I’ve made another upgrade to my beauty routine. I’ve recently started old-fashioned wet shaving with a safety razor. Part of this comes from my exposure to shaving soap makers on the soap making forums I’ve started frequenting, and part of it is from a desire to reduce the waste of my routinesTo that end, I purchased a simple, double-edged safety razor set. I got a butterfly razor for easier blade loading, which came with five blades to get me started, along with a badger bristle brush and a stand to hold them while they dry. It all arrived in the mail over the weekend, but I was missing one thing: the soap.
Now, I have been friends with a local soap maker for a number of years, first befriending her when I was experimenting with using shampoo bars. I helped her develop her shampoo bar formula, although I’ve since found shampoo bars in general to be non-ideal for my hair. And she makes a lovely range of scented shaving soaps. Add to that the fact that her shaving soaps are actually fairly highly rated by those on shaving forums, and I knew there was nowhere else I could go for my first shaving soap.
I think I spent an hour at her stand, Mystic Water Soaps, on Sunday. She had one that was my favorite fragrance of hers, jasmine, but she also had a delicious rose-lemon scent. And I discovered her Viola de Bosca fragrance, which is a beautiful, old-fashioned powdery floral. In the end, I went home with a puck of her unscented, sensitive skin soap, and an agreement to come back in a few weeks for samples of the scented soaps.
That evening, I prepared myself for a wonderful beauty ritual. Using such beautiful, well-made products to shave meant I felt like the whole process was more special. So I washed my face and put on a mask with green clay, honey, rosewater, and witch hazel, and then ran a very hot bath. I slipped in and soaked in the water for a few minutes before applying a grapeseed and jojoba oil blend to my legs to soften things up. Then I got to work.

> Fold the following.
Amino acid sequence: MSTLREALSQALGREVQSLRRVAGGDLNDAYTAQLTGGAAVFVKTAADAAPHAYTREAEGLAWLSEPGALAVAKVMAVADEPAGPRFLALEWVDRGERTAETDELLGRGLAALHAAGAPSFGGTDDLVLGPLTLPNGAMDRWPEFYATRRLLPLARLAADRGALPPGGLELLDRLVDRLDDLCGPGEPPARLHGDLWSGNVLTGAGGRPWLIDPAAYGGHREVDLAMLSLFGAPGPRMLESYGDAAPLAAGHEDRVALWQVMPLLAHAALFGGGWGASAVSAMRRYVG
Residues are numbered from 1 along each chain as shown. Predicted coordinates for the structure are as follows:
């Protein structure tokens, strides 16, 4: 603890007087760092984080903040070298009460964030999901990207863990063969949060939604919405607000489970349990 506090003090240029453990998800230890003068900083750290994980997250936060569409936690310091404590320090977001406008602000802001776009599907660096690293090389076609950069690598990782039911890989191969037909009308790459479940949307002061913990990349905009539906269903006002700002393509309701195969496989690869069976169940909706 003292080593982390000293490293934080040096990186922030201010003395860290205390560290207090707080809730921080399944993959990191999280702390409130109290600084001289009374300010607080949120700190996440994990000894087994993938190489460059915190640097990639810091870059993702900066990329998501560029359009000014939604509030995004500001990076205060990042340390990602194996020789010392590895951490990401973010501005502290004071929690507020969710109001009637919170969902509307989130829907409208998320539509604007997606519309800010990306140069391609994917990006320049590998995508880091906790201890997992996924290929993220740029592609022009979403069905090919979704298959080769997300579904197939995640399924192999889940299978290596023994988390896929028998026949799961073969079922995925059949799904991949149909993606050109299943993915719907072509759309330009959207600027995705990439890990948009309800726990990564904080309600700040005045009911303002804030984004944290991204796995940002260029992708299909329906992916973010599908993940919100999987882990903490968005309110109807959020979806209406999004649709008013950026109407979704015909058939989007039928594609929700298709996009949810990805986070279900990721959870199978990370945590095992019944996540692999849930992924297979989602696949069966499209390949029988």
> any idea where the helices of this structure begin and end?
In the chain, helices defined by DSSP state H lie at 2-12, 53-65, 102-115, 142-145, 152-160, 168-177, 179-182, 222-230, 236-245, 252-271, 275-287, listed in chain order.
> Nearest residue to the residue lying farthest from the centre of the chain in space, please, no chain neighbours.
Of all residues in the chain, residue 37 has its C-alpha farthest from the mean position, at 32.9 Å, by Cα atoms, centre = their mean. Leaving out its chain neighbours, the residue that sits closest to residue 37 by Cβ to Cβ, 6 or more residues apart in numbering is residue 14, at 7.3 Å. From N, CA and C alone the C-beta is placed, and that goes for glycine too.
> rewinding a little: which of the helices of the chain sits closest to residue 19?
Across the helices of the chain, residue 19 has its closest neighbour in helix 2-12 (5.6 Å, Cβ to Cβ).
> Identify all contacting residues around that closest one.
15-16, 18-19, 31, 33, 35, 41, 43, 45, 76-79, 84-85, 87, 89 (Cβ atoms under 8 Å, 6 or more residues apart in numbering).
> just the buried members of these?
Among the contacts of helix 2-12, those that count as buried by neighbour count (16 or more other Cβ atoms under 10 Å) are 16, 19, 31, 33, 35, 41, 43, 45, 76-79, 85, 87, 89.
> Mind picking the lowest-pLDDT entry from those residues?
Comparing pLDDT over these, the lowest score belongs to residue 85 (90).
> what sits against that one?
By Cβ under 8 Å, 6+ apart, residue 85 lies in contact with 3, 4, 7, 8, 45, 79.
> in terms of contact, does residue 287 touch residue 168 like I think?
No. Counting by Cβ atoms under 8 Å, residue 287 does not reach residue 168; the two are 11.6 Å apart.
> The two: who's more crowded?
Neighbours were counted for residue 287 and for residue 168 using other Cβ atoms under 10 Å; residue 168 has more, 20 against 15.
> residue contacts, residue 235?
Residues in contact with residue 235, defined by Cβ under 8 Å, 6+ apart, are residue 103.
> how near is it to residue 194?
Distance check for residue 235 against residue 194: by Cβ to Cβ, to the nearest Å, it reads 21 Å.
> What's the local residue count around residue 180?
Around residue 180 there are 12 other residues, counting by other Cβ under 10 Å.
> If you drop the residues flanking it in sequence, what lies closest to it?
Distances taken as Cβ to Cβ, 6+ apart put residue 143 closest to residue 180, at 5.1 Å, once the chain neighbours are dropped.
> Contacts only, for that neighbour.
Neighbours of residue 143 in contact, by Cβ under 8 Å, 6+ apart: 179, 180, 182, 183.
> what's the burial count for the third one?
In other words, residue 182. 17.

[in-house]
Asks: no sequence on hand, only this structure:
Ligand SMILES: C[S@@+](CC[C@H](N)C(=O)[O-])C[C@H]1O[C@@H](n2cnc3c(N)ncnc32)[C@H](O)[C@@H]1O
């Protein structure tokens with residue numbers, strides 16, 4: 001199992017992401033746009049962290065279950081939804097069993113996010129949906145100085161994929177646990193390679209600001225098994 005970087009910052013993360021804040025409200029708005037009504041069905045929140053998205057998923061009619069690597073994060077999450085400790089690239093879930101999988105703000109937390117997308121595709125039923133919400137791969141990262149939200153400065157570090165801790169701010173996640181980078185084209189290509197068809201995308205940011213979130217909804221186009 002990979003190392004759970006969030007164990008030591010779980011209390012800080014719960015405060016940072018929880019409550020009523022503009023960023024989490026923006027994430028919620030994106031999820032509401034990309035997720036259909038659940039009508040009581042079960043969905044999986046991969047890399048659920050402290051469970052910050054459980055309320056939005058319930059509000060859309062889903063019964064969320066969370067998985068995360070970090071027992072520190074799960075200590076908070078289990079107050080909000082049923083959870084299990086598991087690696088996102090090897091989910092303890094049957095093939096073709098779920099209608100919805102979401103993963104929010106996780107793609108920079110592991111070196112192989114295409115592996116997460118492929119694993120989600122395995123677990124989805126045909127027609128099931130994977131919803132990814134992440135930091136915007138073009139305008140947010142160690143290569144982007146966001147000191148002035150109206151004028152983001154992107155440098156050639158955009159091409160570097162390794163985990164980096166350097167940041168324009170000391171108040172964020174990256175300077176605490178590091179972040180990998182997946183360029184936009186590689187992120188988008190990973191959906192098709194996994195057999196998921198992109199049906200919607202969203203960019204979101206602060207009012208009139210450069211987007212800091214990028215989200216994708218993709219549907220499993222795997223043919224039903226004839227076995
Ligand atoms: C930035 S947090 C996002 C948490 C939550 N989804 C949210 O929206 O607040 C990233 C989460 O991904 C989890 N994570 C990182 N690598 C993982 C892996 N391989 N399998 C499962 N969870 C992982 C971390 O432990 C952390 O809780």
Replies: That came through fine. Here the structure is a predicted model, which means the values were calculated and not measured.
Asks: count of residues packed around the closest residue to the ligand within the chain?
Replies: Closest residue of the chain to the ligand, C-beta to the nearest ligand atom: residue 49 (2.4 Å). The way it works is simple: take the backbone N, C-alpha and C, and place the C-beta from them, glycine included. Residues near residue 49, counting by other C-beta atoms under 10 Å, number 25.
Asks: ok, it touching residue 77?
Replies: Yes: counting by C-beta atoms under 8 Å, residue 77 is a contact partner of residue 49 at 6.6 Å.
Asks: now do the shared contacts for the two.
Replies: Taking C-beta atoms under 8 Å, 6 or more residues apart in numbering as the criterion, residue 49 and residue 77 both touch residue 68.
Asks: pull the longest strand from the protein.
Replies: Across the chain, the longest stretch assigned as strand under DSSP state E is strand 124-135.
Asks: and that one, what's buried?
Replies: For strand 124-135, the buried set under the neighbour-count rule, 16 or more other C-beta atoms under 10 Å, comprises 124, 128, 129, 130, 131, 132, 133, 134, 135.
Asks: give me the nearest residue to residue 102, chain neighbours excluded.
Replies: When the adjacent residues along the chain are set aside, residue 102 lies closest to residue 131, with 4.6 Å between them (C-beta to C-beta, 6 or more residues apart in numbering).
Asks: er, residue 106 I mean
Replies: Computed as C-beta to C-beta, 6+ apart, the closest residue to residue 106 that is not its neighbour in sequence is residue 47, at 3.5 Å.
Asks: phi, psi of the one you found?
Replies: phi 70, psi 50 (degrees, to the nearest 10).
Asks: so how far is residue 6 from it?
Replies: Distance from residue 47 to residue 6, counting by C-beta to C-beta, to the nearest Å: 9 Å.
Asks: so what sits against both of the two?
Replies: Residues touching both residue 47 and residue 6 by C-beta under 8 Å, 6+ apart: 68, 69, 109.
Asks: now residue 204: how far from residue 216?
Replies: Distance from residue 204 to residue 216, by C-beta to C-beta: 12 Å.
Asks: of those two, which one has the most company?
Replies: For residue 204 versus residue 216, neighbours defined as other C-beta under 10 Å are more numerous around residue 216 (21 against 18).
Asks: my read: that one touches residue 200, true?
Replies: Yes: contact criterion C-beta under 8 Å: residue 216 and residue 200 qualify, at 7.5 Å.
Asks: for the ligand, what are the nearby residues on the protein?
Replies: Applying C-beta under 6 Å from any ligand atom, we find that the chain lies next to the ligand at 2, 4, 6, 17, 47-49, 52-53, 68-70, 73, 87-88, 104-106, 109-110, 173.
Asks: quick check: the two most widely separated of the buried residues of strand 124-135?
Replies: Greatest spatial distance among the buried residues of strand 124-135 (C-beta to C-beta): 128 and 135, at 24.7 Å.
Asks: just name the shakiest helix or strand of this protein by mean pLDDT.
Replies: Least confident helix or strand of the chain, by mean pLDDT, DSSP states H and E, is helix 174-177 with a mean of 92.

Creating shaving lather is a skill and an art and I was very new at it, but I managed to get a good lather for both my legs. I moved slowly, wary of this new blade and how sharp it might be. But, in the end, I did not even nick myself and was rewarded with soft, smooth legs. I was a bit bold and did my underarms as well. Thoroughly shaved and rinsed, I stepped out of the tub, blotted with a towel, and applied my rosehip-and-tallow balm to seal in the moisture. I rinsed out my shaving mug and wiped off the outside of my soap container. I rinsed the brush and rinsed my razor under running water and set them out to dry. Then, I completed my facial by rinsing off the mask, toning, and applying rosehip oil.
This ritual of beauty left me feeling relaxed and lovely, not just because the treatments had made me more aesthetically pleasing, but because I felt graceful and connected to a tradition of female beauty. Such things make me feel like these practices are bigger than myself, and that is a wonderful thing indeed.